Washington: Researchers have developed a new computer programme for smartphones that gauges human feelings through speech with a greater accuracy.
The programme developed by engineers at the University of Rochester, surprisingly, doesn't look at the meaning of the words.
"We actually used recordings of actors reading out the date of the month, it really doesn't matter what they say, it's how they're saying it that we're interested in," said researcher Wendi Heinzelman.
The programme analyses 12 features of speech, such as pitch and volume, to identify one of six emotions from a sound recording. And it achieves 81 percent accuracy, a significant improvement on earlier studies that achieved only about 55 percent accuracy.
The research has already been used to develop a prototype of an app. The app displays either a happy or sad face after it records and analyses the user's voice. It was built by one of Heinzelman's graduate students, Na Yang, during a summer internship at Microsoft Research.
"The research is still in its early days," Heinzelman added, "but it is easy to envision a more complex app that could use this technology for everything from adjusting the colours displayed on your mobile to playing music fitting to how you're feeling after recording your voice."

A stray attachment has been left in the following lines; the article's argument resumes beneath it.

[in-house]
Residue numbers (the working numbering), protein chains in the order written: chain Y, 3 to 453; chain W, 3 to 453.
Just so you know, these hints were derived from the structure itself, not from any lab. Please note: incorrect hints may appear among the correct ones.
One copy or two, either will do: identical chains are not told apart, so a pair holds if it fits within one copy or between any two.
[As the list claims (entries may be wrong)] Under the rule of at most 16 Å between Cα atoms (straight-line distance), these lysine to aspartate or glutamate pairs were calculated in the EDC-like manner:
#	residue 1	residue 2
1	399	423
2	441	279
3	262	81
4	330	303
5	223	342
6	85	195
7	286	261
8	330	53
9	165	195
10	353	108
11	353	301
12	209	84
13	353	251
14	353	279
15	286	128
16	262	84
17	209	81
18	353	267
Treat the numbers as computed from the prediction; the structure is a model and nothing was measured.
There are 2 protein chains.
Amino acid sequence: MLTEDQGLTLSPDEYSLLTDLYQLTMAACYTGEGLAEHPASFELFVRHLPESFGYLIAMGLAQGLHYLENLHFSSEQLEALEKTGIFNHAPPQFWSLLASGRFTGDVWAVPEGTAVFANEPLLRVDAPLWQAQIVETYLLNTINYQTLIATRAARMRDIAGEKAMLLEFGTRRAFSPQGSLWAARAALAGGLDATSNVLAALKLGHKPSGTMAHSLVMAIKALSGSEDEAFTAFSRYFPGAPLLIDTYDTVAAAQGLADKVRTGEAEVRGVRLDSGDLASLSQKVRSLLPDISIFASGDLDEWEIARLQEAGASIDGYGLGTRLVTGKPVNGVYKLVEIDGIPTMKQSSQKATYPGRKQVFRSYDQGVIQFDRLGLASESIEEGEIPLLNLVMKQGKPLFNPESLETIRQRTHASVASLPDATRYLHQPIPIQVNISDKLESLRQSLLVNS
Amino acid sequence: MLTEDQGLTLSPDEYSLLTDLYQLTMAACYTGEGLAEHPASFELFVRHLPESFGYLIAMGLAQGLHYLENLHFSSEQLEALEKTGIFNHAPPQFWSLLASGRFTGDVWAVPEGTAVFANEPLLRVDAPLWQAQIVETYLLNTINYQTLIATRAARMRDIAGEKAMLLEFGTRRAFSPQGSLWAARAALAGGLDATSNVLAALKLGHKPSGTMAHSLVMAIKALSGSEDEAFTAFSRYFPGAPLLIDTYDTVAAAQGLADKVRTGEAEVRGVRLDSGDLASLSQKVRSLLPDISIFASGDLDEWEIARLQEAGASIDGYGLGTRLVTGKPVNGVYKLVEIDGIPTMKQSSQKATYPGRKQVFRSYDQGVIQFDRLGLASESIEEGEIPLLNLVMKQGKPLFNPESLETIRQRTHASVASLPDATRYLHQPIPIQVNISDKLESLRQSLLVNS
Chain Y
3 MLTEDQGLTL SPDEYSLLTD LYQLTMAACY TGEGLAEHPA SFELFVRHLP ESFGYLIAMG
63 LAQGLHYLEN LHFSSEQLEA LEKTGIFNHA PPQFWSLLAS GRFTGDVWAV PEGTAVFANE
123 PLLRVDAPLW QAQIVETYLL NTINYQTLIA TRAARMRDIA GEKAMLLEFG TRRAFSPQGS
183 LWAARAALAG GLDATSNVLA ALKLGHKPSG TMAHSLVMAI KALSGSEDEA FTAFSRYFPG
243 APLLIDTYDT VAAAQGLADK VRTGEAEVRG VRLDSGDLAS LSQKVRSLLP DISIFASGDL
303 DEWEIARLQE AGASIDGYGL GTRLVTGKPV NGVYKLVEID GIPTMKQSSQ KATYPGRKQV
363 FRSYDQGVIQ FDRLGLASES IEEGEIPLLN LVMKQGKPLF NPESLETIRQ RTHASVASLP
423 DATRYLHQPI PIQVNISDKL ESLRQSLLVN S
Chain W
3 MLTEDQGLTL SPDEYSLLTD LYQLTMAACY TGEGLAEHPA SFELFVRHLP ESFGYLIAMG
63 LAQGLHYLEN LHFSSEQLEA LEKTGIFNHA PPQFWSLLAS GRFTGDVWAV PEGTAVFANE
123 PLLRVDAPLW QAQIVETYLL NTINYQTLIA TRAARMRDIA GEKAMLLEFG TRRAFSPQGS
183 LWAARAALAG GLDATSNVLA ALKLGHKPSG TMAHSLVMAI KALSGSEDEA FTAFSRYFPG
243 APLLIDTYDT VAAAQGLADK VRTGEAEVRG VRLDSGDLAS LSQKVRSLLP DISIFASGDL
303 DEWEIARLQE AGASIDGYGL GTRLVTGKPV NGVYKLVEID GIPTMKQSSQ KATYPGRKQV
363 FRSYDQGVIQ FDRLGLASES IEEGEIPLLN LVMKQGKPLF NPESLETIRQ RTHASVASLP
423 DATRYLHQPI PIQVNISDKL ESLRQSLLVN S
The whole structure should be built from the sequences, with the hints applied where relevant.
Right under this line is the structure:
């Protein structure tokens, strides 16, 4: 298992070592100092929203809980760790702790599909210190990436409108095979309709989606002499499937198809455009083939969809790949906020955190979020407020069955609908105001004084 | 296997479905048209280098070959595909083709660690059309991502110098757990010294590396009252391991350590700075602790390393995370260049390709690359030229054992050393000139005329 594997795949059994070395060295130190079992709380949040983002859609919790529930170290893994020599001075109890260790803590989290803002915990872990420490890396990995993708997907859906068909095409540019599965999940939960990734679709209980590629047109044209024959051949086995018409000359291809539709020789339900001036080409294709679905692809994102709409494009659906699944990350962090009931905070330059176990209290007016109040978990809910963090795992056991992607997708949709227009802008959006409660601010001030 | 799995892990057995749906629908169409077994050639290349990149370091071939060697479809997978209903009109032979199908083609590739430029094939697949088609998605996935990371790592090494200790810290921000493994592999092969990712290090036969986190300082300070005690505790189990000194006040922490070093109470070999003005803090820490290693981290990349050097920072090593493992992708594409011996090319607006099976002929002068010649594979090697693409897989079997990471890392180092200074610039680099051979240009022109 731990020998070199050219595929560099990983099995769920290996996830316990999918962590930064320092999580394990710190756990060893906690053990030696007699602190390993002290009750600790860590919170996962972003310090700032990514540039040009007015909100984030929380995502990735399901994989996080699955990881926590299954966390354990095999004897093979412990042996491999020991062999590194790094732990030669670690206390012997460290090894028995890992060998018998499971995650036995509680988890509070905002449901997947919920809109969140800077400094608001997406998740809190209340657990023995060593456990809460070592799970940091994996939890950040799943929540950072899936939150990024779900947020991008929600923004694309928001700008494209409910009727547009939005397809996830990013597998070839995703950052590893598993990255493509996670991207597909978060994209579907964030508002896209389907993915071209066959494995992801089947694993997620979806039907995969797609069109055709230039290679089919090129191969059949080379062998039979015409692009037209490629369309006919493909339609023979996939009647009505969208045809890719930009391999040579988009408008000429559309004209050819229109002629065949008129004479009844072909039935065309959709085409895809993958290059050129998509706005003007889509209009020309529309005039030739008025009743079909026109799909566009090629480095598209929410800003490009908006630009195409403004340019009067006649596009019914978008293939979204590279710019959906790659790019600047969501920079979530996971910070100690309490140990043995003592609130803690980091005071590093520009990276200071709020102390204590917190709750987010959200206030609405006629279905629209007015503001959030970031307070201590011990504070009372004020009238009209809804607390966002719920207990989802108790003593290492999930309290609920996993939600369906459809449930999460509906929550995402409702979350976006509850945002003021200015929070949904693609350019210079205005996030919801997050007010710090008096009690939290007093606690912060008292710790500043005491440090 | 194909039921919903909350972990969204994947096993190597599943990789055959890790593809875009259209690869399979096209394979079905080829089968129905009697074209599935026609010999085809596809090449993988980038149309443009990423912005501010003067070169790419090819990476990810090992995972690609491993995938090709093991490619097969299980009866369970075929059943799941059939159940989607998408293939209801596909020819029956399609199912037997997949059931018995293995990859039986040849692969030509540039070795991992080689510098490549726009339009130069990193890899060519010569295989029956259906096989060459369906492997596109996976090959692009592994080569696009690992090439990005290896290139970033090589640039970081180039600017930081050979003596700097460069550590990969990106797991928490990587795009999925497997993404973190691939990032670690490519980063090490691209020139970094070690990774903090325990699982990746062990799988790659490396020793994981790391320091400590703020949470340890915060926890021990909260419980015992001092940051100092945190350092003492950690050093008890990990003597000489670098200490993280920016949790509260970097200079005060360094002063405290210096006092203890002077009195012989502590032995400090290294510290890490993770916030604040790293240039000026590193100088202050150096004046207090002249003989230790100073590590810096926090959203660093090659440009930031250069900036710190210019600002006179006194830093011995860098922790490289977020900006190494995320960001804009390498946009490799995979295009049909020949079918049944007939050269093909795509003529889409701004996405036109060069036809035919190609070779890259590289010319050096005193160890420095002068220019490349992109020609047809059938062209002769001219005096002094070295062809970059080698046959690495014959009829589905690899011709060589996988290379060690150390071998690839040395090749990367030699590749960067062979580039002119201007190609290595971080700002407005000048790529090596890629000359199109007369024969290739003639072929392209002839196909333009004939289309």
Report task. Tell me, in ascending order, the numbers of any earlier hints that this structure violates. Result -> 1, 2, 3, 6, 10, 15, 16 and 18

Heinzelman is collaborating with Rochester psychologists Melissa Sturge-Apple and Patrick Davies, who are currently studying the interactions between teenagers and their parents.
"A reliable way of categorising emotions could be very useful in our research," Sturge-Apple said in a statement.
"It would mean that a researcher doesn't have to listen to the conversations and manually input the emotion of different people at different stages."
Teaching a computer to understand emotions begins with recognising how humans do so.
"You might hear someone speak and think 'oh, he sounds angry!' But what is it that makes you think that?" asks Sturge-Apple. She explained that emotion affects the way people speak by altering the volume, pitch and even the harmonics of their speech.
"We don't pay attention to these features individually, we have just come to learn what angry sounds like, particularly for people we know," she added.